Diseases Treatable with Cord Blood Stem Cells

The list of diseases treatable with cord blood stem cells continues to grow.  From humble beginnings, in the 1980's, when only one patient had been treated and only one disease was proven to be treatable, to today, where seventy-six diseases are now treatable and nearly 6000 families have been helped, cord blood stem cells are a modern day miracle for many people.  Listed below are the diseases for which cord blood stem cells are known to be useful.  In time, we hope and expect to add many more diseases to this list including:  autism, breast cancer, Alzheimer's disease, diabetes, Parkinson's disease, stroke, spinal cord injury, burns, etc.  Your baby's cord blood stem cells are not only useful for your baby, but also for close genetic relatives, such as the baby's siblings. In fact, for some diseases, such as sickle cell anemia, only cord blood from a close relative or genetically matched donor would be considered acceptable, since it would be pointless to give a child with this disease his/her own cord blood as treatment. This is one of the reasons why it is important to store the cord blood for each of your children. As of now, the leading use of cord blood is for a child's sibling.

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Cancers

 

Hodgkin’s disease
Non-Hodgkin’s lymphoma
Acute lymphoblastic leukemia
Acute myeloid leukemia
Chronic myeloid leukemia
Autoimmune lymphoproliferative syndrome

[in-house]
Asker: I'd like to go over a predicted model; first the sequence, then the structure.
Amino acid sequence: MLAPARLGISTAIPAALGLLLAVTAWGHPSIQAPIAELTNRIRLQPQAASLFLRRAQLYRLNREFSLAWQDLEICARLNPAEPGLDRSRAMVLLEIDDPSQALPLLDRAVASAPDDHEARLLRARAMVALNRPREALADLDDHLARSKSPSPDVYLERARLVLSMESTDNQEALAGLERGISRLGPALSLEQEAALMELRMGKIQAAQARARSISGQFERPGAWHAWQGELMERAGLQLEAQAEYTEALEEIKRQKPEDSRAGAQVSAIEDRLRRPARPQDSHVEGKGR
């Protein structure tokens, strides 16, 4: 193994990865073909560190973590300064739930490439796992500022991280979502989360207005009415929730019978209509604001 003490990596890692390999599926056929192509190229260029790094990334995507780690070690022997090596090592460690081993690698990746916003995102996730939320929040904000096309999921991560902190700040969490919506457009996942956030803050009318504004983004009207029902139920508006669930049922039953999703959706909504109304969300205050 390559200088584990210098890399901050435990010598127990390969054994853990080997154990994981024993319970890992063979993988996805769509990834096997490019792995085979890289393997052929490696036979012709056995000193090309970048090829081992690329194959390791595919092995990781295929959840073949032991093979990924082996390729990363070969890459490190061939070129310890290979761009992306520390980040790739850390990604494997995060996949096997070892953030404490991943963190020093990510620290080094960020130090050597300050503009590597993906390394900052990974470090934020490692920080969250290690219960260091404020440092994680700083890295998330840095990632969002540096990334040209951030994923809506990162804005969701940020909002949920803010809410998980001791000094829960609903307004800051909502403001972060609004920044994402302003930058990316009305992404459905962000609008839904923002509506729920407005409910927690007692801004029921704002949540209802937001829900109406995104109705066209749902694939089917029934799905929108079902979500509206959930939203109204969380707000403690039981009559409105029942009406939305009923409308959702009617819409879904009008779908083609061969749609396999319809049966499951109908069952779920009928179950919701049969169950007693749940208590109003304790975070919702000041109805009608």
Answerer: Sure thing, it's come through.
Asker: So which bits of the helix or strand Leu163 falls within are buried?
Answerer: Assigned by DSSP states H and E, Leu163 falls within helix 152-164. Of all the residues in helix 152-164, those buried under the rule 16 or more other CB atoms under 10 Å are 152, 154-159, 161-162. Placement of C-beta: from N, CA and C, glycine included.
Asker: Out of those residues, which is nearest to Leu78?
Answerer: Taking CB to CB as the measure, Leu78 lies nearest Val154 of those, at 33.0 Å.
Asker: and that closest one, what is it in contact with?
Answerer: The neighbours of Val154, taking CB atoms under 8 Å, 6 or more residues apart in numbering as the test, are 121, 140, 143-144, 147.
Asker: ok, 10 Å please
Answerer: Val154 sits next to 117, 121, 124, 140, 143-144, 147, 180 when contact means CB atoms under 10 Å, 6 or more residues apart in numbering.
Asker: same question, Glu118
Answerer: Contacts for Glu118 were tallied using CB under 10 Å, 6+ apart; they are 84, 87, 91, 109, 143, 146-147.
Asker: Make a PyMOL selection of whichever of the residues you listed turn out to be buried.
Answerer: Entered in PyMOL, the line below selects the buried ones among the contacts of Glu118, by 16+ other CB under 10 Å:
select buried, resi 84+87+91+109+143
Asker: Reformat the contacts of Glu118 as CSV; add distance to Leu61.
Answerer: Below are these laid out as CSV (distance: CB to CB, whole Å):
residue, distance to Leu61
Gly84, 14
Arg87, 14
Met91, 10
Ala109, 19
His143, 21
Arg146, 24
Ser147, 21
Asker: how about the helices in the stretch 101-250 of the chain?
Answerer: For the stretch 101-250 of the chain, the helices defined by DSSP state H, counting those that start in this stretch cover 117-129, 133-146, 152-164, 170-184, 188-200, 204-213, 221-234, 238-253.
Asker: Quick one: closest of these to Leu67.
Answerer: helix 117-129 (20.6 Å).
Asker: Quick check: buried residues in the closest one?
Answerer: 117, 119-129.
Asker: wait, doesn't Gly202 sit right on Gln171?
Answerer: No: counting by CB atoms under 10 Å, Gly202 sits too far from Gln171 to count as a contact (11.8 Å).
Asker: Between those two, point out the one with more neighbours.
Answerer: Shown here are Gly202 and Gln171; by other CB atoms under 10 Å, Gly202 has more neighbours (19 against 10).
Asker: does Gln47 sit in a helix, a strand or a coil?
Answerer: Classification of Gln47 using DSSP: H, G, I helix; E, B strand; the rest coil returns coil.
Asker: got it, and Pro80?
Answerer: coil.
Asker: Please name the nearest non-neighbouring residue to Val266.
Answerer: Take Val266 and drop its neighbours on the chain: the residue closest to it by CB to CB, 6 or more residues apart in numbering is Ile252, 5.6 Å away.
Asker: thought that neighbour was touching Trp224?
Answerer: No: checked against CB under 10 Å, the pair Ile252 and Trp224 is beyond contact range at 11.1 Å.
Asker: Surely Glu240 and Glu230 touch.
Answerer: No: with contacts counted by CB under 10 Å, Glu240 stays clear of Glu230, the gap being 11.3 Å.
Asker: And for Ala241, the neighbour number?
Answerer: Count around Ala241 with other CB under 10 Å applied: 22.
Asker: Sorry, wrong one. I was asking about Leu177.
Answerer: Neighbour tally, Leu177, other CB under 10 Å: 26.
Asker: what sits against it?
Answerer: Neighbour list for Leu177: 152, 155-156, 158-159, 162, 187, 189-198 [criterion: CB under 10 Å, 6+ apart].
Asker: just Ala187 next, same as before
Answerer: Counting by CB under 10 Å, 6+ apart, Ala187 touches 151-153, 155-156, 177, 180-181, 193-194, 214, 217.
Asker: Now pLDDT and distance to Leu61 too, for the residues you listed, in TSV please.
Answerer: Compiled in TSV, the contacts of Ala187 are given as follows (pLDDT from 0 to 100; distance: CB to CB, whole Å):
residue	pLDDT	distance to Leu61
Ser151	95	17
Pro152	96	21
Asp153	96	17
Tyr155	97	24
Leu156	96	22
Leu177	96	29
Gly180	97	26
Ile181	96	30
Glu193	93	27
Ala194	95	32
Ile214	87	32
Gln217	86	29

Burkitt lymphoma
Cytopenia related to monosomy 7
Familia histocytosis
Juvenile myelomonocytic leukemia
Hemophagocytic lymphohistiocytosis
Langerhans cell histiocytosis
Lymphomatiod granulomatosis
Myelodysplasia syndrome

 

Hematologic Disorders

 

Amegarakarocytic thrombocytopenia

Autoimmune neutropenia (severe)

Congenital dyserythropoietic anemia

Cyclic neutropenia

Diamond Blackfan anemia

Evan’s syndrome

Fanconi anemia

Glanzmann’s disease

Hypoproliferative anemia

Juvenile dermatomyositis

Juvenile xanthogranulomas

Kostmanns syndrome

Pancytopenia

Red cell aplasia

Refractory anemia

Schwachman Syndrome

Severe aplastic anemia

Systemic mastocytosis

Severe neonatal thrombocytopenia

Congenital sideroblastic anemia

Thrombocytopenia with absent radius (TAR syndrome)

Thalassemias

Alpha-thalassemia intermedia (hemoglobin H disease)

Alpha-thalassemia major (hydrops fetalis)

Beta thalassemia major (Cooley’s anemia)

Beta thalassemia intermedia

E-beta thalassemiaE beta + thalassemia

Immune Deficiencies

 

Ataxia telangectasia
Cartilage-hair hypoplasia
Chronic granulomatous disease
DiGeorge syndrome
Hypogammaglobulinemia
IKK gamma deficiency
Immune dysregulaton polyendocrinopathy
Mucolipidosis, Type II
Myelokathesis
X-linked immunodeficiency
Severe combined immunodeficiency
Adenosine desaminase deficiency
Wiscott-Aldrich syndrome
X-linked agammaglobulinemia
X-linked lymphoproliferative syndrome

 

Metabolic Disorders

 

Adrenoleukodystrophy
Gaucher’s disease (infantile)
Metachromatic leukodystrophy 
Globoid cell leukodystrophy (Krabbe disease)
Gunther disease
Hermansky-Pudlak syndrome
Hurler syndrome
Herler-Scheie syndrome
Hunter Syndrome
Sanfilippo syndrome
Maroteau-Lamy Syndrome
Mucolipidosis Types II, III
Alpha mannosidosis
Neimann Pick Syndrome, types A & B
Sandoff Syndrome
Tay Sachs Disease

 

Sickle Cell Disorders

 

Sickle cell anemia (hemoglobin SS)
HbSC disease
Sickle Beta thalassemia
Sickle Beta + thalassemia